Deciding What To Save After A Household Flood

Posted on: 7 August 2016

When faced with a roomful of personal items that have become soaked with flood waters, the decision to save or throw out something can be daunting. In some cases, cleanup of an item is simple. In others, the cleanup of the item to make it safe to use again may damage the item. Here are the factors that affect your choice of whether to discard an item or try to salvage it from the flood.

The Source of the Flood Water is the First Factor

Where the flood water came from will determine in large part whether you can save an item or not. Professional water salvage companies classify water based on the amount of contaminants it contains. There are three general categories for flood water sources:

#1 - This flood water comes from a clean source, such as the water supply line to your kitchen faucet. This water has few microorganisms and organic material in it that might make you ill if you ingested it. Items soaked with this water can be rinsed off, dried and will be safe to use again.

#2 - This water has a higher level of contaminants and could make you ill if you swallowed it. Examples are water from an overflowing toilet or broken dishwasher drain pipe. Items soaked with this water must undergo some level of disinfecting before it will be safe for you to use again.

#3 - This flood water has high levels of microorganisms and organic material in it and will likely make you ill if ingested. This would be water from a backed up city storm sewer. Items soaked with this water should be handled by a professional water damage specialist who is trained in working with contaminated items. These items would need such extensive disinfecting that they may be damaged beyond use. To be safe, consider replacing these items instead of attempting to clean them up.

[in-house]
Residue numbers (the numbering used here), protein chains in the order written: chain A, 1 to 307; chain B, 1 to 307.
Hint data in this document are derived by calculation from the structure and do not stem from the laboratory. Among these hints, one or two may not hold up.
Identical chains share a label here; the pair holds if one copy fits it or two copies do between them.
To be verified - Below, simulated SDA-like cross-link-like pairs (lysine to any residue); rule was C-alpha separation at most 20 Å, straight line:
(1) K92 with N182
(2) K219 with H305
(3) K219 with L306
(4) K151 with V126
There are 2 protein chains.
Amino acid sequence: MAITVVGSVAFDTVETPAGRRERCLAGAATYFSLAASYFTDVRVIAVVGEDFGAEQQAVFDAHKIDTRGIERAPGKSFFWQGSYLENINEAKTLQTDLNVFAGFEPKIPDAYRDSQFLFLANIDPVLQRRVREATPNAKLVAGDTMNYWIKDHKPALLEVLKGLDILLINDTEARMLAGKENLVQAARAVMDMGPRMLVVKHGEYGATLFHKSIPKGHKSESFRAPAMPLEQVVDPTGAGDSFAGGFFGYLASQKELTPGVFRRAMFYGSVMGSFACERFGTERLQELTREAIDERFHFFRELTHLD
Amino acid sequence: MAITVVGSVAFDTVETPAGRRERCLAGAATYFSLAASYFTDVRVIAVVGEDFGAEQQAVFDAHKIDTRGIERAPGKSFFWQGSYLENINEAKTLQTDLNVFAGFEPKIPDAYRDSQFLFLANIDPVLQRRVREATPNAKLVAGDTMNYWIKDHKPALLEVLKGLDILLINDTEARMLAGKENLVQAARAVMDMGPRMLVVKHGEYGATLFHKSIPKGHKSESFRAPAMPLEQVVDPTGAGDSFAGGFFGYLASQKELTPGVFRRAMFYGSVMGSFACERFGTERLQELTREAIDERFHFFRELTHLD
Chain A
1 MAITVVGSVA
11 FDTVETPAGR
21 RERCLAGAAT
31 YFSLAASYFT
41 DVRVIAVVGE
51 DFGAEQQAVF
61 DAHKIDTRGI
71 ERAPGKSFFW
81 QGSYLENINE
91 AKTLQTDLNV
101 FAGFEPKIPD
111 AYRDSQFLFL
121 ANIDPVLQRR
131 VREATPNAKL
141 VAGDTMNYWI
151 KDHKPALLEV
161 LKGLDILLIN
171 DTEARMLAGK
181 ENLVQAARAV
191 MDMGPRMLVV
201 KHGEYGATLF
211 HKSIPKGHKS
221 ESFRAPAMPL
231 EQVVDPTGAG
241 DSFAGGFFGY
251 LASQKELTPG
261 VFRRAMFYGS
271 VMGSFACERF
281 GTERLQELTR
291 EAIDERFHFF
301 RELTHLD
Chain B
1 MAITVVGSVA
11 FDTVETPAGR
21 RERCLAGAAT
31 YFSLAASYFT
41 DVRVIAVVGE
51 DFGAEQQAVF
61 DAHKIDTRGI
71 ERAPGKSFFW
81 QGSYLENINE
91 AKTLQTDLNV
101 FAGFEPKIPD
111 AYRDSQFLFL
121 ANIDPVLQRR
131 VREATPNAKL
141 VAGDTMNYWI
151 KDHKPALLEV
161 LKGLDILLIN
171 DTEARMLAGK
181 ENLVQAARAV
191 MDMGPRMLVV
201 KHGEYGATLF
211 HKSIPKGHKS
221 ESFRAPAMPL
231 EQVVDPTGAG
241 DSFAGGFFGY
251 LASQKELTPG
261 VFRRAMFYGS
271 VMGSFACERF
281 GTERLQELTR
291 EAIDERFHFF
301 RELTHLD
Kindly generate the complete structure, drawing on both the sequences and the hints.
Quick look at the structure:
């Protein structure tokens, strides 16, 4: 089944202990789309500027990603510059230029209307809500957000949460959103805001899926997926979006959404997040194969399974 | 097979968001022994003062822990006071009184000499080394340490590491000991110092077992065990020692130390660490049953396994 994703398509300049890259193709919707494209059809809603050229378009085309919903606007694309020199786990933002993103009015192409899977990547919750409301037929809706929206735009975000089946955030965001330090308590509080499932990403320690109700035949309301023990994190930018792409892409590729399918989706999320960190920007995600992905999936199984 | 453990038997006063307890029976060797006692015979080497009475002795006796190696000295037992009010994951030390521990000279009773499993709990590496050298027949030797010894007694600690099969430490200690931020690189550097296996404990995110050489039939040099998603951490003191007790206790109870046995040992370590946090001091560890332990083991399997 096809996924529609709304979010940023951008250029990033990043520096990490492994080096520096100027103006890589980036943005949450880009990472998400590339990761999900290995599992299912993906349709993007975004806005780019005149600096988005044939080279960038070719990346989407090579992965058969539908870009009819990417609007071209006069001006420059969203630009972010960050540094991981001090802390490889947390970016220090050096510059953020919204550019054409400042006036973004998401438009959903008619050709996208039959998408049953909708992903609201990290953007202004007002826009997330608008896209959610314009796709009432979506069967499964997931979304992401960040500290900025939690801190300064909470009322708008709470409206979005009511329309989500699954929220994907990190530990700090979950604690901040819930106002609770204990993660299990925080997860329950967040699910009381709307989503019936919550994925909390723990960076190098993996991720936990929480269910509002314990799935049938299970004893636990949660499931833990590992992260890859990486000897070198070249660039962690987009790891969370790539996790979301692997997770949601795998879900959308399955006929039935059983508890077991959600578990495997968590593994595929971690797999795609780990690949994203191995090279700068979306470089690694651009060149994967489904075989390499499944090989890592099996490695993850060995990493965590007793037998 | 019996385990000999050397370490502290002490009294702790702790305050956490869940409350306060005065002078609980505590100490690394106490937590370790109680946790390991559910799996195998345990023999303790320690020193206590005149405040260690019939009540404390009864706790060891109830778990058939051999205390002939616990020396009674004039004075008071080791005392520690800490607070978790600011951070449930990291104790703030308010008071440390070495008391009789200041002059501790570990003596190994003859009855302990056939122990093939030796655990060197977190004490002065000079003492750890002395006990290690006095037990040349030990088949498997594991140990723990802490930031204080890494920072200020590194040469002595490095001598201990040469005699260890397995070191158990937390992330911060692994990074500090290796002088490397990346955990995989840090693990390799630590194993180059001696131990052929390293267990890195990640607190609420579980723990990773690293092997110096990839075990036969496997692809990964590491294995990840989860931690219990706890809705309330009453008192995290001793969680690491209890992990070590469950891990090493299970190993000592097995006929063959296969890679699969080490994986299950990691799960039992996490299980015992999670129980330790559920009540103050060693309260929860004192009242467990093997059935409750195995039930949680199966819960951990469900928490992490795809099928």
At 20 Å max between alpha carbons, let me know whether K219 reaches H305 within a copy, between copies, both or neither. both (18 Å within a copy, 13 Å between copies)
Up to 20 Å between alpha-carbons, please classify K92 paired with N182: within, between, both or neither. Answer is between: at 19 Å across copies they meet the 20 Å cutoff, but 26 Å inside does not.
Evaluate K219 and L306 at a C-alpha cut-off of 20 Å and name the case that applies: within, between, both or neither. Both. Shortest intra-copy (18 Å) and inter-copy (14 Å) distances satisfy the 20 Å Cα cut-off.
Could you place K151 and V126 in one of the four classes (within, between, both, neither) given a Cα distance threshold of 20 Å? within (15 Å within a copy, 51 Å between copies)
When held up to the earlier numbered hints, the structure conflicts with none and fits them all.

The Duration an Item Has Been Soaked is the Second Factor

The longer an item has been soaked, the harder it may be to save it. Porous items, such as paper and wood, swell as they remain soaked. Drywall can break down when it remains wet for long periods.

One of the biggest problems is mold and mildew. Carpet can develop mold and mildew if left soaked for as little as 24 hours. Making carpet and upholstered furniture safe that has been soaked for long periods requires extensive disinfecting by a water salvage company. Consider discarding cloth or fiber items that have soaked for longer than day. An exception is clothing that can be commercially laundered with a disinfectant to make them safe to wear.

Knowing the source of the flood water and how long something has been soaked will give you the basis for your decision on whether to try to save a personal item or replace it. Speak with local mold remediation experts for more help.

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